Tangle-free magnetic USB cables are here

What if your cable could magnetically stick to itself, forming a neat coil that doesn’t get all floppy and tangled in your drawers and bags? What if they were good cables, too, capable of charging and syncing all the things over USB-C, Lightning, and more?

Well… you can now buy USB cables that do the first part! And they’re cool enough that I really wish cable manufacturers would figure the rest of that shit out.

For the past few weeks, I’ve been testing some seriously nifty USB cables that can actually do the magnetic coiling snake trick. Originally brought to the English-speaking world’s attention by a brand called SuperCalla, they’re now sold by a whole bunch of no-name brands at the likes of Amazon and Alibaba. And they are incredible fidget toys, just as SuperCalla’s Indiegogo campaign promised over two years ago:


Picture: SuperCalla

As you can see in my photo below, they totally coil just like the GIF! They’re not exactly “self-winding” the way some sellers claim, but the six-foot ones are definitely easy to wrap.

Your coil can be taller or wider depending on how many magnets per circle — but only these six-foot cables give you enough to work with.
Photo by Sean Hollister / The Verge

They work by stringing magnetic beads and silicone sleeves on a thin cable, like this:

See, it’s just a magnetic bead when you pull the silicone sleeve away. Both float freely on the cable.
Photo by Sean Hollister / The Verge

They can stick to themselves in other ways, too:

You can make a cable double back on itself.
Photo by Sean Hollister / The Verge

And, of course, you can attach them to all sorts of other ferrous metal objects and pay out just as much cable as you need. I’ve got one of these cables hanging off my metal microphone stand right now, another dangling off the corner of my wall, and another that neatly travels down the edge of my keyboard while it charges my phone:

The magnets stick to my Razer keyboard’s steel deck. This wouldn’t work with, say, an Apple keyboard because they’re made of aluminum.
Photo by Sean Hollister / The Verge

Ready for the catch? I bought four different kinds of these cables, and they all suck big time (that’s a technical term) at data transfer, charging, or both.

This one, which also has its own built-in blue LED light and magnetic swappable tips for USB-C, micro-USB, and Lightning, won’t charge most of my USB-C gadgets at all, but I was able to sling some files from an external drive at lackluster USB 2.0 speeds and charge my iPhone over Lightning. It’s also got super weak coiling magnets and felt even cheaper than the rest.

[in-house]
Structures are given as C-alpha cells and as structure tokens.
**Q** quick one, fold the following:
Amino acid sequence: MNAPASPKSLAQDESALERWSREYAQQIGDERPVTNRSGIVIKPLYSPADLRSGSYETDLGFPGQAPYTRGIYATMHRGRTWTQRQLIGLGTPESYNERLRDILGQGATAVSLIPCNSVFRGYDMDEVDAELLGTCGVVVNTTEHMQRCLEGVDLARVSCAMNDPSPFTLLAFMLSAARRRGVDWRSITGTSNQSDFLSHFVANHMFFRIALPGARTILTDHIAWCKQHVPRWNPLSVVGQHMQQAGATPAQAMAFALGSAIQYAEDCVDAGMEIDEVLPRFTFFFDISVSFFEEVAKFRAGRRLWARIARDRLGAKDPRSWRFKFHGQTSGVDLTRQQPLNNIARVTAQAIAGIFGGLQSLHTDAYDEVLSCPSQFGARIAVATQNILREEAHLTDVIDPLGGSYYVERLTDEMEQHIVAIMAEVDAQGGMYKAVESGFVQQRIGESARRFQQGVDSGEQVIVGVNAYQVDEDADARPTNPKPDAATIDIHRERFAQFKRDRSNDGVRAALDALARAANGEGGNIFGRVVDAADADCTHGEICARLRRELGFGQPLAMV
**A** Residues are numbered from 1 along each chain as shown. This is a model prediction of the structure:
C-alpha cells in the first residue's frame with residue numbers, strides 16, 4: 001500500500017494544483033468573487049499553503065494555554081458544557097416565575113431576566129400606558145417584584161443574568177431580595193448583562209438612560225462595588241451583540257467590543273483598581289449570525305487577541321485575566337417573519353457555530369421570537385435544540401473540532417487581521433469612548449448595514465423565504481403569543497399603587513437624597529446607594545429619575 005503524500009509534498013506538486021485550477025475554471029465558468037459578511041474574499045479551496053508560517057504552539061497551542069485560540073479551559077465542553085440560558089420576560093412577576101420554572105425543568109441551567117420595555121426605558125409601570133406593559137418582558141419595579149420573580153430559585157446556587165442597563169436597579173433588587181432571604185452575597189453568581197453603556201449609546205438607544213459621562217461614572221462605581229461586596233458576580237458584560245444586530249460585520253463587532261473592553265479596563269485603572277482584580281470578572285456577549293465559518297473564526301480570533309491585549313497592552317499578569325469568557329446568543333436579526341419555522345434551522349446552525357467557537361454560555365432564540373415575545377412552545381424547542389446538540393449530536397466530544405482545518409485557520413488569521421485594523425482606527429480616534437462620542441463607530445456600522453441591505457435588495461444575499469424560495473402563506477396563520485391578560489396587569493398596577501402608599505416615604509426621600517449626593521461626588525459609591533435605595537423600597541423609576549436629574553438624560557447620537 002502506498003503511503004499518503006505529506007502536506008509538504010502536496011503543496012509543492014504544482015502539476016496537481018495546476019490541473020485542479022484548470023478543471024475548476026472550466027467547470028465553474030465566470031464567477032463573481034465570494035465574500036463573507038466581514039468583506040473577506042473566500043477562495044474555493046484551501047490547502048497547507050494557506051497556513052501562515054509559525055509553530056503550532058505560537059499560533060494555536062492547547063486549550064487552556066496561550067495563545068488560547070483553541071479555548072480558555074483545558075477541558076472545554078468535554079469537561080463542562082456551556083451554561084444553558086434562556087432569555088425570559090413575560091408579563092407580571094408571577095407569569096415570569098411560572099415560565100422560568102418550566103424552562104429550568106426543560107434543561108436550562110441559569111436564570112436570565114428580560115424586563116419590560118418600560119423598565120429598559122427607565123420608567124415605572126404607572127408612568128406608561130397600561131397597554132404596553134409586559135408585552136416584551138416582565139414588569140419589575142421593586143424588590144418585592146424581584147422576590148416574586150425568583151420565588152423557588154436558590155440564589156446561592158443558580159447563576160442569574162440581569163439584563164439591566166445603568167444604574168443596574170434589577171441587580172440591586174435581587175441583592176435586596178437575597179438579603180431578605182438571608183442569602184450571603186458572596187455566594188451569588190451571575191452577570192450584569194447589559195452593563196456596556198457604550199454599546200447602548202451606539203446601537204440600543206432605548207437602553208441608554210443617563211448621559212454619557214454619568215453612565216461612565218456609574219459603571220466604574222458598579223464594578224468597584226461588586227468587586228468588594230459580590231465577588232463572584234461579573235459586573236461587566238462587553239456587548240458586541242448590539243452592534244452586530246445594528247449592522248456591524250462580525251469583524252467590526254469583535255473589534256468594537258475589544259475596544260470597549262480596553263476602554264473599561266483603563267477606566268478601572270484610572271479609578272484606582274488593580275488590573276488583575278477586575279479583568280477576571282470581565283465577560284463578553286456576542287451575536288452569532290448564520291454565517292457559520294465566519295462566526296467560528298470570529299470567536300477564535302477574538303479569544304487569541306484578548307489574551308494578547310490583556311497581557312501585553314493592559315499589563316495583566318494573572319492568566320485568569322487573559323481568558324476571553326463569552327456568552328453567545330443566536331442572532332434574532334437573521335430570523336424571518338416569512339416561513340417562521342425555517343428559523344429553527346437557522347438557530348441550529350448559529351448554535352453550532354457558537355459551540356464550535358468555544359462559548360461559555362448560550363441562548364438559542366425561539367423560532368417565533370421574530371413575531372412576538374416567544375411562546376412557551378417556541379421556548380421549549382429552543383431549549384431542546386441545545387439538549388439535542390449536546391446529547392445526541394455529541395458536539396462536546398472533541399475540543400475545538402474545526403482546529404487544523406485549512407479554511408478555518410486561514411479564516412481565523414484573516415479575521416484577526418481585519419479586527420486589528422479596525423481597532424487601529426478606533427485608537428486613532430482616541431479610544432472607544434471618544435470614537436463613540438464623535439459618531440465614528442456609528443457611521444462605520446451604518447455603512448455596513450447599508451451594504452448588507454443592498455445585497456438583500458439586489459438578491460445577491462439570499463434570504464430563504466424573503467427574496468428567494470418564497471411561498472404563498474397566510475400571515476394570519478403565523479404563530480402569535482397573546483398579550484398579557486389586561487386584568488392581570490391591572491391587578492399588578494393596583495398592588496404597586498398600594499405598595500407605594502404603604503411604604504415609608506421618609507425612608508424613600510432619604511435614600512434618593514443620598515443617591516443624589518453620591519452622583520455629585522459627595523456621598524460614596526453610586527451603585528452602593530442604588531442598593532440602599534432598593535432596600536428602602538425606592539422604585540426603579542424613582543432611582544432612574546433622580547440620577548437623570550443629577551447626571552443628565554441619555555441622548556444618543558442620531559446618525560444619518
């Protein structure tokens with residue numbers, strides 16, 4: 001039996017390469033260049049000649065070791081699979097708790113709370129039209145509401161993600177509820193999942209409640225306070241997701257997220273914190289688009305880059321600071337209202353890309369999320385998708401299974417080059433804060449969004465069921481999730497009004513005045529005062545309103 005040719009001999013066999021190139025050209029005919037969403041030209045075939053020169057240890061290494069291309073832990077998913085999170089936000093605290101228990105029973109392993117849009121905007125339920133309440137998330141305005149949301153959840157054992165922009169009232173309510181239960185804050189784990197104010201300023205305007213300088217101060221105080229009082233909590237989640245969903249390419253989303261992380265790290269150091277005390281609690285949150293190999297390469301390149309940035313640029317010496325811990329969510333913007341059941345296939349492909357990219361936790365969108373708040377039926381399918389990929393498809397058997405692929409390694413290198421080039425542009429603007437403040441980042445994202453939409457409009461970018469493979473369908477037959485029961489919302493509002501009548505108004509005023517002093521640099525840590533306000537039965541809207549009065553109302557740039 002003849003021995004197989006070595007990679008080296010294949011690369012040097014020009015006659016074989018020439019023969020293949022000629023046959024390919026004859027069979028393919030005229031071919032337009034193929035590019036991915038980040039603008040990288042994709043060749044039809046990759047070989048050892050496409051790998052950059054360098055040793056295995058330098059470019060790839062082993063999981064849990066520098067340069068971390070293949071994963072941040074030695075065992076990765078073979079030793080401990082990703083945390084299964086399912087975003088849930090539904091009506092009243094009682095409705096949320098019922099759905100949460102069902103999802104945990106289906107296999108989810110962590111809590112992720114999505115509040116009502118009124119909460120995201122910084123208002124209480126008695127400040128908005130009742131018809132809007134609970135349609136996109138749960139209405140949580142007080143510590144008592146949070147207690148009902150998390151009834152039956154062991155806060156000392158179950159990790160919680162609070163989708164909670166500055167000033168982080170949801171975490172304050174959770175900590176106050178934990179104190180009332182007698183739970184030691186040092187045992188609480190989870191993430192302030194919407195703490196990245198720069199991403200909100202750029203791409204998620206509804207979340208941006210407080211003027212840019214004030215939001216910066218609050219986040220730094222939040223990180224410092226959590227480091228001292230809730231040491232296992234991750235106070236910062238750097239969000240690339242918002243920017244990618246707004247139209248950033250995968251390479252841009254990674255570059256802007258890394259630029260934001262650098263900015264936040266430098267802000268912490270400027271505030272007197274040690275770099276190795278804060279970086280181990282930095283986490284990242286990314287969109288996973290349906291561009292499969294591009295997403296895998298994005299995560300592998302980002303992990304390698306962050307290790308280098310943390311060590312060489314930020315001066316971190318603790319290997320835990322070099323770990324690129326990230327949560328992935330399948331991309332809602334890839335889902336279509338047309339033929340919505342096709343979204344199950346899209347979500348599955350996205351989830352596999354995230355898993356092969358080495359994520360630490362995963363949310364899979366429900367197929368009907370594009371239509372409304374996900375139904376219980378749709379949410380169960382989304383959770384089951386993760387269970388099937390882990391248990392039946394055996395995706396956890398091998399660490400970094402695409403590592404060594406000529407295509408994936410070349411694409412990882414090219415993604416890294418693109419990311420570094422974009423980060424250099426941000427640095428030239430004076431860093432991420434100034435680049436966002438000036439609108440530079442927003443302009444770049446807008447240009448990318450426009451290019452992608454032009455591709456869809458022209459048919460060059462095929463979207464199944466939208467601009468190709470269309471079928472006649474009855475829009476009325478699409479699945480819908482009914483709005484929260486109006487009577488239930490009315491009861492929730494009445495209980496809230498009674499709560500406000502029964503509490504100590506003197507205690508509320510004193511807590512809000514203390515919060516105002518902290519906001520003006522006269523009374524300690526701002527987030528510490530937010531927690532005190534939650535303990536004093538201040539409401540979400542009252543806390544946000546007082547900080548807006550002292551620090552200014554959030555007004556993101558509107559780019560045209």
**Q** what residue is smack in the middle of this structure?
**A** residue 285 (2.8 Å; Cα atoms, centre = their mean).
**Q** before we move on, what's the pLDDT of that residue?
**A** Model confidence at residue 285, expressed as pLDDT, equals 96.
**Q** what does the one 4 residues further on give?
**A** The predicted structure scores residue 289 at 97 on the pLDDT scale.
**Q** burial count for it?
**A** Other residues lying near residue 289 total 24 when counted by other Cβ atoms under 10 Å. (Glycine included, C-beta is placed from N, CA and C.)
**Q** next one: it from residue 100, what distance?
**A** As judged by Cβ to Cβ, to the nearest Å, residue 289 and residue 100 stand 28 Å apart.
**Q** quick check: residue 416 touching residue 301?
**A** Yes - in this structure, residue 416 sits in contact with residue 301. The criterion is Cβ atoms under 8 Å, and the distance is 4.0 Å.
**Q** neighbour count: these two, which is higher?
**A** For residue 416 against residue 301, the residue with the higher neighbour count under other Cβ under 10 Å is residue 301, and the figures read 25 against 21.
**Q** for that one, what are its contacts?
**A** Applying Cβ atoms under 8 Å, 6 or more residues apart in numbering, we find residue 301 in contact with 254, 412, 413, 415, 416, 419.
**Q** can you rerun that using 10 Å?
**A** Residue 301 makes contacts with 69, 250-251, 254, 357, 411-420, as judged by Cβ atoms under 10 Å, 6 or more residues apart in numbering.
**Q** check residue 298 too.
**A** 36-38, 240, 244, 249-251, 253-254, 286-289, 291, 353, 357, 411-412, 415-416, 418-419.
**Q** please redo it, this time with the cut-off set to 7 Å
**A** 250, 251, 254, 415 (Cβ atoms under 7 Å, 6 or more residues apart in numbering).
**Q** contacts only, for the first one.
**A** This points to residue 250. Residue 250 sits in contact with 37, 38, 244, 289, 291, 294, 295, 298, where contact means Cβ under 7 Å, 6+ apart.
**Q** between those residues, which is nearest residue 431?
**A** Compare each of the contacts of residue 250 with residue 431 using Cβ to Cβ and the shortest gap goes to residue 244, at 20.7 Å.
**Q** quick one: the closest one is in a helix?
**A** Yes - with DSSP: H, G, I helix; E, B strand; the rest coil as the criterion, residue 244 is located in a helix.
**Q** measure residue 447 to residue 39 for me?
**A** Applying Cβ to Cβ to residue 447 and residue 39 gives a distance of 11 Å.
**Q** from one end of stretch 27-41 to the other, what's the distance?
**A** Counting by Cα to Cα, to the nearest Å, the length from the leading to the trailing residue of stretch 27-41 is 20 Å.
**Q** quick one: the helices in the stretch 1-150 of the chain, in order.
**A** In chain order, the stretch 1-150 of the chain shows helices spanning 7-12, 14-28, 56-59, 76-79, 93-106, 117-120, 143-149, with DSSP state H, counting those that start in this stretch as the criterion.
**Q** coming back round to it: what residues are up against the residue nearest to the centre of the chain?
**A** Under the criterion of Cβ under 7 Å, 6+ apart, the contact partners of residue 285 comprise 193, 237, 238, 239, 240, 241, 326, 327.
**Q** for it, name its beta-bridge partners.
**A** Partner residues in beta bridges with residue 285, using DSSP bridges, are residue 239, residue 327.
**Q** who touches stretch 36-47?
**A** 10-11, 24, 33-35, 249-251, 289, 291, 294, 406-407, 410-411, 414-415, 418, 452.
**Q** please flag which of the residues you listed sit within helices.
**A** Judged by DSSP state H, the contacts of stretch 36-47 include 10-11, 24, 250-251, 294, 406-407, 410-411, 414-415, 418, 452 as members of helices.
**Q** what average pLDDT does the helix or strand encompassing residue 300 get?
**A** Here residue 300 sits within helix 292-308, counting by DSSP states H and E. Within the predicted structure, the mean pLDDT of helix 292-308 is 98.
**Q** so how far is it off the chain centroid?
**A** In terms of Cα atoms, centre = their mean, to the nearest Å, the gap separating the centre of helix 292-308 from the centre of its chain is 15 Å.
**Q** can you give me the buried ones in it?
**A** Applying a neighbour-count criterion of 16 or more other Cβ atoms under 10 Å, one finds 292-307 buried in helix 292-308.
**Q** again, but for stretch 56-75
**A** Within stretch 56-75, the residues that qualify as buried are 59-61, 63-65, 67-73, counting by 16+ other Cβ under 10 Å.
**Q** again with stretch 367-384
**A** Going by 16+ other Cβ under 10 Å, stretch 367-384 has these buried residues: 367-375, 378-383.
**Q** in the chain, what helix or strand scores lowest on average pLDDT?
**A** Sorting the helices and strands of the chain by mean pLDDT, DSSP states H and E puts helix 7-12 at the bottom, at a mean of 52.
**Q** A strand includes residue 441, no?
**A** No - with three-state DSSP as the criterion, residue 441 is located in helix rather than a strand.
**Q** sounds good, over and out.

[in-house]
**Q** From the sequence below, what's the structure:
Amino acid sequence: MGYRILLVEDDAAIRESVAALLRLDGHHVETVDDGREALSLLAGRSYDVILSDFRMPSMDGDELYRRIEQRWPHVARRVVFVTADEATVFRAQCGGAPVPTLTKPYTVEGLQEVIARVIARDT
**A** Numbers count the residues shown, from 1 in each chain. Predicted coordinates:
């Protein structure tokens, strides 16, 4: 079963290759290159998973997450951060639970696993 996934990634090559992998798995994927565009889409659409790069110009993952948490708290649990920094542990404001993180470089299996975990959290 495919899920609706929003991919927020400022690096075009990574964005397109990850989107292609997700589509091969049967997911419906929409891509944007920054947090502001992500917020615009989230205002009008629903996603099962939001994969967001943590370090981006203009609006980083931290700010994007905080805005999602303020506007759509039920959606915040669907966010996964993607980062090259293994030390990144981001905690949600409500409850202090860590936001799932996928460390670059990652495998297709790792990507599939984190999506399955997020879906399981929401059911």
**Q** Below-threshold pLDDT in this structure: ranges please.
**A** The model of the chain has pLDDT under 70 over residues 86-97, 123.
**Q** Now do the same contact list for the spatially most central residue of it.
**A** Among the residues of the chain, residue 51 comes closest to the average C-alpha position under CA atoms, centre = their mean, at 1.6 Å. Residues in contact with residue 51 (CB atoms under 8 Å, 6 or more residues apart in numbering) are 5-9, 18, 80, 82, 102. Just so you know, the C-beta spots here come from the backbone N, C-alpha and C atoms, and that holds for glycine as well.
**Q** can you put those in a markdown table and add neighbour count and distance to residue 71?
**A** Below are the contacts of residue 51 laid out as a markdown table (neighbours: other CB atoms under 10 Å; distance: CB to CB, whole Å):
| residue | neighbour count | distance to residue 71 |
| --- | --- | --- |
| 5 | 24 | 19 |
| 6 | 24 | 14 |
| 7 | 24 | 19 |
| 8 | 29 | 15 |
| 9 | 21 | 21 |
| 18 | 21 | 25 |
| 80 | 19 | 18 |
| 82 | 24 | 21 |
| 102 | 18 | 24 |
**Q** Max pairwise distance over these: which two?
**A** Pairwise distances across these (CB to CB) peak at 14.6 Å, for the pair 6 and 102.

Magnets on magnets.

This USB-C to USB-C one was pretty decent at charging, giving me 65W of USB-C PD power and had the best magnets of the bunch — but it wouldn’t connect to a Pixel 4A phone or my USB-C external drive at all. They just didn’t show up on my desktop!

This USB-A to USB-C cable was the worst of the lot. Just wiggling it would disconnect anything I had plugged in, and it topped out at 10W of charging — not the 15–18W I’d usually see with my Pixel.

Lastly, this USB-A to Lightning one seems to be a SuperCalla cable, showing up in an “Original SuperCalla” box, even though it’s sold by a brand named “Tech.” Slow charging, slow data, but at least it seems to stay reliably connected to my iPhone so far.

But those aren’t the only style of magnetic no-tangle cable I found. I also bought this neat accordion-style one, which is perhaps the best of the bunch: I got 15W charging, and it feels better built than the rest.

The accordion cable can twist when you pull it apart.
Photo by Sean Hollister / The Verge

But it’s less fun to play with, the magnets aren’t as strong, and it’s got a bit of an awkward shape when fully extended because the joints will always stick out. Plus, it tops out at USB 2.0 speeds of 480Mbps (or around 42MB/s in practice.) I couldn’t find a C-to-C or Lightning version.

I would absolutely pay good money for a solid, reliable six-foot USB-C to USB-C easy-coil cable with strong magnets, 100W USB-C PD charging, and at least 10Gbps of USB 3.x bandwidth.

The flexible ribbons and joints feel durable, though.
Photo by Sean Hollister / The Verge

However, if I’m really dreaming, how about 40Gbps for USB 4? Let’s go for broke and make the ultimate cable — give it a built-in power meter while you’re at it.

Right now, all I’ve found are these cheap-o, $10 novelty cables, and that’s a real shame. The magnet design deserves better, and so do we.

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